-Submitted by David Drumm (Nal), Guest Blogger
A scent lineup starts with the collection of scent from a crime scene. Scent samples are also collected from potential suspects. A dog is presented with the crime scene scent and then presented with the scents from the suspects. The dog then communicates the matching scent to its handler. The dog handler then testifies at trial and his testimony has been presented as “scientific identification” in Texas courts.
One such handler is Deputy Keith Pikett of Fort Bend County, Texas. Pickett and his bloodhounds have worked about 2000 cases all around the country, and the Texas Attorney General’s office has recommended his work.
Police detectives would call in Pikett, tell him who they thought was the real suspect, and lo and behold, the scent lineup confirmed the detective’s suspicions. Prosecutors loved him, Pikett would use his dogs to “confirm” what they wanted to know.
According to a special report by the Innocence Project of Texas, Pikett testified that “he had a Bachelor of Science in Chemistry degree from Syracuse University and a Master’s degree in Chemistry from the University of Houston.” However, Pikett never received any degrees from either institution. He repeated the lie about having a master’s degree in chemistry in the case State v. Winston. In that case the Court of Appeals of Texas (14th District) cemented Pikett’s reputation as an expert in scent lineups.
The 2004 murder of Murray Burr rocked the small town of Coldspring, Texas. The local sheriff suspected the Winfrey family and Pikett was called in. Based on scent lineups, Megan Winfrey, then 16 years old, her brother Richard Winfrey Jr., and their father Richard Winfrey Sr. were arrested. Megan and Richard Sr., represented by state-appointed lawyers, were convicted on the basis of a scent lineup done three years after the crime.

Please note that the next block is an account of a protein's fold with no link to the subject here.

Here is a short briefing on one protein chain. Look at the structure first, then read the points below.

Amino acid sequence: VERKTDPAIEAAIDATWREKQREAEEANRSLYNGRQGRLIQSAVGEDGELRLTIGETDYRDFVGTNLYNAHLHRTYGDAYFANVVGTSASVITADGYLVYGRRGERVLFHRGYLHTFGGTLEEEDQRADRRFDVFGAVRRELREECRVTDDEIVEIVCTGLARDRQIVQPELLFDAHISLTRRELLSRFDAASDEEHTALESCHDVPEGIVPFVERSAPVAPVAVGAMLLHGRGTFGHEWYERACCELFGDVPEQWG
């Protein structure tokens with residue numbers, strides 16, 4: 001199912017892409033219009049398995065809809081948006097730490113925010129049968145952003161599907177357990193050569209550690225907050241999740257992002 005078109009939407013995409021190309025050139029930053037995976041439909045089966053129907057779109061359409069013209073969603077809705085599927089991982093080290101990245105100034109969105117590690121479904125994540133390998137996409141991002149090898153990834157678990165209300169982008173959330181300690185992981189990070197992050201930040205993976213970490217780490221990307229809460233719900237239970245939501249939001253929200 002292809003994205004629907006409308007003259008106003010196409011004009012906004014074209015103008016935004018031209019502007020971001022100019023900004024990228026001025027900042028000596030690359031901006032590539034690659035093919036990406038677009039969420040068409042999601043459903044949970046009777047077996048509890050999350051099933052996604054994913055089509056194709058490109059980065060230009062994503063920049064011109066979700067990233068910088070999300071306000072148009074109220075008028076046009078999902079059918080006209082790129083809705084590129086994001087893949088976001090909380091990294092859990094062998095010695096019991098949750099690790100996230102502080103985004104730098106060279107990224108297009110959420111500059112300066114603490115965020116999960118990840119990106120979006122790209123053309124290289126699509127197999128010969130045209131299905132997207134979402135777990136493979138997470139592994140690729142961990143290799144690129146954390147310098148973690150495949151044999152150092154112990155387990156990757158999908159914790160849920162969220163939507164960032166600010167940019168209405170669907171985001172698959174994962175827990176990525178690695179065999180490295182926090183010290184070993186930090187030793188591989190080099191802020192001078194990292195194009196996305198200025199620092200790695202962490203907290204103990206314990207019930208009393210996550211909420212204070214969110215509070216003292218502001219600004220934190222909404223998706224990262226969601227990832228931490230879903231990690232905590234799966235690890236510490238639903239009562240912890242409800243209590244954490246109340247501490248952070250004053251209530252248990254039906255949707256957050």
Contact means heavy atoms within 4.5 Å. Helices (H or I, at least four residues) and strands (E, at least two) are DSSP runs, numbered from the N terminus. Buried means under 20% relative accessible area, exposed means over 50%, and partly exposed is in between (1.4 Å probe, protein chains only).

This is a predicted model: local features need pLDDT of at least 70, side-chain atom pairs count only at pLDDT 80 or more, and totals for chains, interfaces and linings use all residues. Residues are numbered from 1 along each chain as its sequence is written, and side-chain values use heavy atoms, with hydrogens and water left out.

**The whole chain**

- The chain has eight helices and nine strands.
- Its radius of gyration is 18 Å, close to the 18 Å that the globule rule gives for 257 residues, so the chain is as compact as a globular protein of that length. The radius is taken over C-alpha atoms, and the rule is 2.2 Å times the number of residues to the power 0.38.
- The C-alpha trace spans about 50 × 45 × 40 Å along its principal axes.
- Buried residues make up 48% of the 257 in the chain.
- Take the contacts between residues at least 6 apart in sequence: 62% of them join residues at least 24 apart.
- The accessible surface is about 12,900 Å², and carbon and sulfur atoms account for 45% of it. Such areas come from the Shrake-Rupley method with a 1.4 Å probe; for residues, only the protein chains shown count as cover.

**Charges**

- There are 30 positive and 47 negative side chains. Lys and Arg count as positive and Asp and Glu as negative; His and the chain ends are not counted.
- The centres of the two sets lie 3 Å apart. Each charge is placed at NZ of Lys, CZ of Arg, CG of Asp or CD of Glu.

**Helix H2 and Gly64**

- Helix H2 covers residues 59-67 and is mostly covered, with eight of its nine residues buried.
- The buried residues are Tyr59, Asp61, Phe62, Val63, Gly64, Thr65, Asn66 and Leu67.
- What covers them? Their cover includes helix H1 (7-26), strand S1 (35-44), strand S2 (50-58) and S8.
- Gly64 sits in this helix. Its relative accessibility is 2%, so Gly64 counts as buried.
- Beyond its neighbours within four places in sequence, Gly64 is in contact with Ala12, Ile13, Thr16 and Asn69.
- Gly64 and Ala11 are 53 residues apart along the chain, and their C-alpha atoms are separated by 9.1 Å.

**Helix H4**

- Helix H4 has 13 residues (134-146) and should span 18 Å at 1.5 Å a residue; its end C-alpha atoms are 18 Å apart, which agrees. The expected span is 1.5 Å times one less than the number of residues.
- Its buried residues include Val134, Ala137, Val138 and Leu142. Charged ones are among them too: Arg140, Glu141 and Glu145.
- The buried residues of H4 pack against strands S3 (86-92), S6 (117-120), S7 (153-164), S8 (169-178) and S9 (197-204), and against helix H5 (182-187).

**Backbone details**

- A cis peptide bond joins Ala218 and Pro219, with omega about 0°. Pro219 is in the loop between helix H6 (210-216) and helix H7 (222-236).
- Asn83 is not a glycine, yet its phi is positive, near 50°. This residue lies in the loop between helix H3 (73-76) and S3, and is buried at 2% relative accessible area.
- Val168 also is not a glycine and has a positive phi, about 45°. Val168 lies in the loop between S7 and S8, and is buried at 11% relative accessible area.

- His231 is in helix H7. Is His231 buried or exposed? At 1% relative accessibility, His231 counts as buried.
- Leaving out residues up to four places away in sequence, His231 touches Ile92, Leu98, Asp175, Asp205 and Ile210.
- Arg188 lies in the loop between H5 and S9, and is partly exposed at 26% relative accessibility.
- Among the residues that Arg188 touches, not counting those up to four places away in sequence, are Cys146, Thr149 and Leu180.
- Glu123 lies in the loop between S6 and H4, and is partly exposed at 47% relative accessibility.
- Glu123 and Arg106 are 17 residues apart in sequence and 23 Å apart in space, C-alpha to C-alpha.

At the San Jacinto County trial of Richard Jr., Dallas defense attorney Shirley Baccus-Lobel put on a masterful defense that devastated Pikett’s testimony and obtained a “not guilty” verdict, returned within thirteen minutes.
Baccus-Lobel then turned her attention to the appeal of the father’s case whose conviction had already be upheld by one appellate court. In a unanimous ruling, The Court of Criminal Appeals of Texas reversed the court of appeals and entered a judgement of acquittal for the father. The Court of Criminal Appeals found that scent lineups, standing alone, “is insufficient to establish a person’s guilt beyond a reasonable doubt.”
Megan, now 23, is currently serving the third year of a life sentence. The Court of Criminal Appeals has agreed to review her case.
Pikett, now retired, is facing numerous lawsuits and requests for his services have dried up. Ronald Curtis, who spent months in jail on scent lineup evidence, only to have the charges dropped, said “this man is a fraud.” Jeff Blackburn, general counsel for the Innocence Project of Texas, said “Pikett is not the problem. The problem is the DAs and police agencies who have used him.”
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